Having a cohesive brand is essential if you’re going to stand out online. Not only does it make you look like you’ve got your stuff together, it also makes your brand feel more high-end.
So many people tend to focus on the visuals of their brand without really putting much thought into their voice or message. That’s a big mistake, friend!
Your brand voice has to match up with your visuals. It’s non-negotiable if you want a rock-solid brand experience for your clients.
This such an important topic and I’m so excited to have my friend Megan Hampson from Letterform Creative here today to talk to you about it! Megan is an awesome branding expert and I know she has lots of juicy goodness to share with you! So take it away, Megan:
Consistency in your visual identity and messaging is essential in order to create a trustworthy and relatable brand. Potential clients want to know and like your brand before they purchase from it. If there are inconsistencies in how your brand is presented, it will create confusion, and potentially even distrust.
Below are some actionable ways to create consistency between the visual part of your brand and the written part of it. Go through the checklist in each section to make sure you’re creating a cohesive experience for anyone who comes in contact with your business.
ESTABLISH YOUR BRAND PERSONALITY
Before creating the visual identity of your business it’s important to define the overall personality of your brand. Establishing a strong foundation on which to build your brand is important. The following questions and exercises will help you uncover the building blocks of your brand.
- List 3-5 adjectives that describe your company. (Using bullet points.)
- How would you like your company to be perceived? (Expound upon your previous answer, using complete sentences.)
- Who is your ideal client? (Include their age, income, profession, location, tastes, etc.)
- What other brands/companies does your ideal client like? (Think outside of your own industry.)
- What can you learn from the companies in your previous answer about your ideal client’s visual preferences? (Look for styles, colors, and other similarities across these brands.)
- If your brand was a person where would it shop and what kind of clothes would it wear?
- Create a Pinterest board that captures the overall mood and style of your business. Include brands and logos you like, but also add some lifestyle, interior, fashion, and travel photos for a more complete picture. For help on creating an effective Pinterest board read this article.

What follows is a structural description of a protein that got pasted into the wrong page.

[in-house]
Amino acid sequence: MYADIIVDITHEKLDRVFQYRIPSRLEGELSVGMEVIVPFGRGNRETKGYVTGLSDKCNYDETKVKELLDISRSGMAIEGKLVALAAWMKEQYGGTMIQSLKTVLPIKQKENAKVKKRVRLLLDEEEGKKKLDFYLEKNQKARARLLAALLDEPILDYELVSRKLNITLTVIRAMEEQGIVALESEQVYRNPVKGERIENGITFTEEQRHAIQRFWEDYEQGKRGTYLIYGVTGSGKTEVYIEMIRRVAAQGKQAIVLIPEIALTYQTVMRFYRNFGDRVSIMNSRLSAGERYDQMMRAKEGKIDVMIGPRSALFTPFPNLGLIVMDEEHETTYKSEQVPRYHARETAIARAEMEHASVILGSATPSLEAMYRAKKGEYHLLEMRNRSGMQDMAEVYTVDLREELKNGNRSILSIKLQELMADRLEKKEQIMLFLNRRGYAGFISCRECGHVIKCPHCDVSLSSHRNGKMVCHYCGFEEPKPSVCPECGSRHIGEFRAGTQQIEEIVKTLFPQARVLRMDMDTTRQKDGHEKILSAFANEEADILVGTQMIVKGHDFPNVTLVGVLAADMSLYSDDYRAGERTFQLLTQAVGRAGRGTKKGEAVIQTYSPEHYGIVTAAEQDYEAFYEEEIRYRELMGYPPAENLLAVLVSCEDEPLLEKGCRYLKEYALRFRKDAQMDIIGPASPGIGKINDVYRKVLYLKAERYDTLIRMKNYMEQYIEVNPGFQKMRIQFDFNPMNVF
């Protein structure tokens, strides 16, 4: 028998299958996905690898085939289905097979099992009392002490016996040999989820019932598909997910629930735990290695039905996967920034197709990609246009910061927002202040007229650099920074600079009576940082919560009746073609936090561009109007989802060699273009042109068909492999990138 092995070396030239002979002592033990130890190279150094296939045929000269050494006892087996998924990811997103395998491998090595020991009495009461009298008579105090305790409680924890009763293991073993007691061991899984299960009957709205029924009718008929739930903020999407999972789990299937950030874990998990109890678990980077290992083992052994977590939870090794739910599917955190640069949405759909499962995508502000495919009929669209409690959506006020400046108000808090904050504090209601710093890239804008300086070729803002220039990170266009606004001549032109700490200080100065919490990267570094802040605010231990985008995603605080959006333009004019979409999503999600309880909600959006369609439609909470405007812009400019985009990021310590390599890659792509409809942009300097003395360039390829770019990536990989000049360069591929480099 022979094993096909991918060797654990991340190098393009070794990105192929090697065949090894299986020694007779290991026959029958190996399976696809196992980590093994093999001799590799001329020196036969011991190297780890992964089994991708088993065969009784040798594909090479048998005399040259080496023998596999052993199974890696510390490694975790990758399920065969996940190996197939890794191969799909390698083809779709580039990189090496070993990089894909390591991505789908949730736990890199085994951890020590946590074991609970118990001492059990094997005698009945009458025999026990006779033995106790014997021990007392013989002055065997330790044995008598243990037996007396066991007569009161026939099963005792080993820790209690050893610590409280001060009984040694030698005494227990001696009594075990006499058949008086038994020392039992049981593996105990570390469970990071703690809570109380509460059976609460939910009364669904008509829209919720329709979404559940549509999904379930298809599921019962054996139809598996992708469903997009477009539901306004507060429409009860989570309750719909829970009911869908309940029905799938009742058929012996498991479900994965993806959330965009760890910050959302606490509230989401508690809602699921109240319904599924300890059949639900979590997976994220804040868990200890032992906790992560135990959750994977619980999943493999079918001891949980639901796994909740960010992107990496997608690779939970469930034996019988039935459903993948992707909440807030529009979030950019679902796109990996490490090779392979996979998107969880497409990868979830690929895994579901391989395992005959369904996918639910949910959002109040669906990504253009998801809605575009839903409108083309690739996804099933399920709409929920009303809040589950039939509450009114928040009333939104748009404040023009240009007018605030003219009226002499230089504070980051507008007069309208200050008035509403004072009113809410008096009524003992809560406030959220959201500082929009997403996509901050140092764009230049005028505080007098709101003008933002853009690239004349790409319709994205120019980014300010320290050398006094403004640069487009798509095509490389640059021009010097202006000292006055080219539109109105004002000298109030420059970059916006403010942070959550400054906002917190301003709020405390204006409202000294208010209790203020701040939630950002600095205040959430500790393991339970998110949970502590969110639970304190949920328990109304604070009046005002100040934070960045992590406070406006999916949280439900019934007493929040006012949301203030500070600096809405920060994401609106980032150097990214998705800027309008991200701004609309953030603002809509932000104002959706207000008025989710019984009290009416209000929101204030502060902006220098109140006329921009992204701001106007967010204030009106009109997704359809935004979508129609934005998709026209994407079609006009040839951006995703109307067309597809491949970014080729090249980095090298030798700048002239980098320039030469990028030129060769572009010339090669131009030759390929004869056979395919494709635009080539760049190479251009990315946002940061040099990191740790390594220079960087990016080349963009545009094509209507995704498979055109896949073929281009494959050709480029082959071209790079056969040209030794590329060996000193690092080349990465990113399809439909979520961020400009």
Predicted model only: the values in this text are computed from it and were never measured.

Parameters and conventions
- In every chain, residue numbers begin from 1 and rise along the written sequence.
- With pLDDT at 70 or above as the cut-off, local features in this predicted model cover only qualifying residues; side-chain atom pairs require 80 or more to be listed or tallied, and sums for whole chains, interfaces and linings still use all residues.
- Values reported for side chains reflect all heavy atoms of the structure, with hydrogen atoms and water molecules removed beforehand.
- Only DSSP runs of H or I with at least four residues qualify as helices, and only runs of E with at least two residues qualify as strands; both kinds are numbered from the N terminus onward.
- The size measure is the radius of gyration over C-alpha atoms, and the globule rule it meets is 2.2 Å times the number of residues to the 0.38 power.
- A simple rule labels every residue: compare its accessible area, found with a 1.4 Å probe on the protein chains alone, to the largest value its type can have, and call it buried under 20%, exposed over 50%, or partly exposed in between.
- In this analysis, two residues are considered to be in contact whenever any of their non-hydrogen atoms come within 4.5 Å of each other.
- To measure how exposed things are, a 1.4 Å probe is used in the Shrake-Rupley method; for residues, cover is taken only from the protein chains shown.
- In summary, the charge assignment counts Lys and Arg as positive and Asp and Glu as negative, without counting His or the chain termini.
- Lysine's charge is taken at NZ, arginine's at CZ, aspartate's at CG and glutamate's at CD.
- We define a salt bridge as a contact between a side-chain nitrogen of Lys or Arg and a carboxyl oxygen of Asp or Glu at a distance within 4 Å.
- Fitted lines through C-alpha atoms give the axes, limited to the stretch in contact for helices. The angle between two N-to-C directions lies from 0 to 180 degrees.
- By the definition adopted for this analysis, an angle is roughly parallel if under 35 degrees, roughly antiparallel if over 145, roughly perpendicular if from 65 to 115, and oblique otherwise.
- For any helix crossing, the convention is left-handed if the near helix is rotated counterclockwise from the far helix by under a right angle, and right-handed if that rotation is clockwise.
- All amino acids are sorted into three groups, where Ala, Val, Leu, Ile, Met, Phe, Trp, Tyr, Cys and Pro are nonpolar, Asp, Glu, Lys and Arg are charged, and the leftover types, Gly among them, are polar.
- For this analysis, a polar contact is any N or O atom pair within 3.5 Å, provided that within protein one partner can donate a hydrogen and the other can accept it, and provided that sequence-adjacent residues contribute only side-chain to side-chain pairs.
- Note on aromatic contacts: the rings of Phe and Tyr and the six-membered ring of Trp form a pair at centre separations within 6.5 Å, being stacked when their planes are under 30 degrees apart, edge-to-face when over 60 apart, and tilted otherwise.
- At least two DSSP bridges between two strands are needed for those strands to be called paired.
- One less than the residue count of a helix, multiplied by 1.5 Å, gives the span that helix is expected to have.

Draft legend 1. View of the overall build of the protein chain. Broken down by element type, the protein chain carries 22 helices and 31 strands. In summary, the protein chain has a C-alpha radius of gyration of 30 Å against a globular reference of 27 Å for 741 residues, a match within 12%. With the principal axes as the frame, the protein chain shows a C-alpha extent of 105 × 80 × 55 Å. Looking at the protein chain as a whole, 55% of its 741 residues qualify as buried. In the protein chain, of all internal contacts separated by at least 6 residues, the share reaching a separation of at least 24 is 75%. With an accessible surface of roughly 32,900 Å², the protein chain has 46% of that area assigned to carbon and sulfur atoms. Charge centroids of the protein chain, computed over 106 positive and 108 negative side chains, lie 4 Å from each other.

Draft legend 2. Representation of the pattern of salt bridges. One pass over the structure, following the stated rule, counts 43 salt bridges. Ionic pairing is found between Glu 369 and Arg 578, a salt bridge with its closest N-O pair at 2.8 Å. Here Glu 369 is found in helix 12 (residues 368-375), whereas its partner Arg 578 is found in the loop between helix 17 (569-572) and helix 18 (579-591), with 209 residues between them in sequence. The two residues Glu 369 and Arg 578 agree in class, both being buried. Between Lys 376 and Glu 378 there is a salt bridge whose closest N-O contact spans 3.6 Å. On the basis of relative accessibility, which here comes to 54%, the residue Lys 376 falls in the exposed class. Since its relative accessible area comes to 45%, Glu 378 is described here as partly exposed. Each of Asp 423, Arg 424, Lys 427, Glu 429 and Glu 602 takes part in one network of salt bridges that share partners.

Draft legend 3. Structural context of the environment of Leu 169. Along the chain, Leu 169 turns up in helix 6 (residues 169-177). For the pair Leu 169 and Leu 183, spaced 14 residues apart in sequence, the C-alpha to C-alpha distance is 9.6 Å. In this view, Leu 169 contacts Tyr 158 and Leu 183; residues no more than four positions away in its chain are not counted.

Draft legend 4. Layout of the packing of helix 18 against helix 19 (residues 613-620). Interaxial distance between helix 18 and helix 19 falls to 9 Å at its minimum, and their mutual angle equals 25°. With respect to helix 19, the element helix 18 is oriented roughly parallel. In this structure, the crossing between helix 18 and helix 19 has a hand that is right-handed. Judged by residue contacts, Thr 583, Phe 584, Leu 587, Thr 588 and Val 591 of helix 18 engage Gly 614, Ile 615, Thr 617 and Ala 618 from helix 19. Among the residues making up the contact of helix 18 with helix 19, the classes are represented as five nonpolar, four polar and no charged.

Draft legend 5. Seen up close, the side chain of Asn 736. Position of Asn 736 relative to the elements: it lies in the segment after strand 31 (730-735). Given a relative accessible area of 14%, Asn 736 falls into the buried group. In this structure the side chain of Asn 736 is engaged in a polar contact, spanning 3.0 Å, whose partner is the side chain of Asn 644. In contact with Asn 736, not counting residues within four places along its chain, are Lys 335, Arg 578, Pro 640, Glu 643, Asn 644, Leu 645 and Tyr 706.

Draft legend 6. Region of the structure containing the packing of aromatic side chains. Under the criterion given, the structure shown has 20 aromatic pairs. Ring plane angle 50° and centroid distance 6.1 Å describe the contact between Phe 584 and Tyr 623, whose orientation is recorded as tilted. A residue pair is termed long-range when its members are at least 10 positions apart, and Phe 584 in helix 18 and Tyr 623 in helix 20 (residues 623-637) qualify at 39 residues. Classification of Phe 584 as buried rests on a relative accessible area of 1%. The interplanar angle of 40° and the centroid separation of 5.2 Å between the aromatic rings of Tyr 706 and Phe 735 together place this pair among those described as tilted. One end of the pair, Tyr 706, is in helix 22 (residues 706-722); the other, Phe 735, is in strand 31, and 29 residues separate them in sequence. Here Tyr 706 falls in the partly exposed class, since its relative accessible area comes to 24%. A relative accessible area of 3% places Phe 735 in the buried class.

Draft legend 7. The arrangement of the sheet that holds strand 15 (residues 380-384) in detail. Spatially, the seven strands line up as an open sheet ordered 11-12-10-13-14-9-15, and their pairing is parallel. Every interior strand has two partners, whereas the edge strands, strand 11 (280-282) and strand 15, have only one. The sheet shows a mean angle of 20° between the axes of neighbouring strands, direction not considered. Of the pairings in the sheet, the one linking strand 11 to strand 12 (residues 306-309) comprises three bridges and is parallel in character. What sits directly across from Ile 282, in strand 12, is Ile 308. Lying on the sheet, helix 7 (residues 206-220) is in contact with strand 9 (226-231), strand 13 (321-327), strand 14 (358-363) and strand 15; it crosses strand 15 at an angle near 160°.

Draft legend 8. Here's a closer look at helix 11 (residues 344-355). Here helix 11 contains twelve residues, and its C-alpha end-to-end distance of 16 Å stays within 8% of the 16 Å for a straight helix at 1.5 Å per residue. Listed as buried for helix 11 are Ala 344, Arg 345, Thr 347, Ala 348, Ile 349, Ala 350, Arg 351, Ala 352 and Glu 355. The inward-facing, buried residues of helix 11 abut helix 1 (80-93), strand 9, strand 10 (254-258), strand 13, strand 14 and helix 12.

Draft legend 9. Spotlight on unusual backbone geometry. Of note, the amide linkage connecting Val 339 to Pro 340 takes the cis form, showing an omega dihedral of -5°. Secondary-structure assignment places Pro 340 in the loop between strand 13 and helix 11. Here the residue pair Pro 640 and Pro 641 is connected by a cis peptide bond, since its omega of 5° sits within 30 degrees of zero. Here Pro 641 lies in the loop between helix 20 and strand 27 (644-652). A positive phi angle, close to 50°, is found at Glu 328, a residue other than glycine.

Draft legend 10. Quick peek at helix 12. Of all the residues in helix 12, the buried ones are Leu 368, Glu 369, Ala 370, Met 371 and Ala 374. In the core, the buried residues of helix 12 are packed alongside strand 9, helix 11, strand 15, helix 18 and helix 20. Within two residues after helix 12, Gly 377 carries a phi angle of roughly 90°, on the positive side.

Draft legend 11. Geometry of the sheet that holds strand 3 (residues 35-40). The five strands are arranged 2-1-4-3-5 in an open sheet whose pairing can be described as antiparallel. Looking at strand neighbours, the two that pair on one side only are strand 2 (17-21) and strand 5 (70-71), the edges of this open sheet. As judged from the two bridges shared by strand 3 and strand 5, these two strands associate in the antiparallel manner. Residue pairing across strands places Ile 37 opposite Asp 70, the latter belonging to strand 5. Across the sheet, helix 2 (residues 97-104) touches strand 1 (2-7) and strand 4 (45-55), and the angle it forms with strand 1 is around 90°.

DETERMINE HOW TO VISUALLY PORTRAY YOUR BRAND PERSONALITY
Now that you’ve got a solid understanding of your brand in place, you can start creating your brand identity. Your brand identity is the visual part of your branding.
You can learn more about the difference between branding and brand identity here. If you can afford it, now is the time to hire a professional designer to help you bring your vision to life.
For those on a tight budget, you can DIY your brand identity. Use the information you collected above to start putting a face on your brand. Every visual decision you make should align with the personality you’ve created for your business.
If you’re doing your own branding, focus on three main parts: the logo, fonts, and color palette. If you’re hiring a designer, then your branding might include other things like patterns, icons, or illustrations.
Creating your own logo is difficult, so search for a pre-made one if you don’t have the budget for a custom logo yet.
When choosing one remember the visual style that your ideal client is drawn to, as well as your brand personality. With that in mind search for a pre-made logo on Etsy. Many independent designers also sell pre-made logos on their own site.
Next, choose 1-2 fonts that have the same personality as your business. These will be your brand fonts. If you’re choosing two fonts consider using a sans serif as one, since those tend to pair well with most other fonts. Stick to using only these fonts in all your branded material.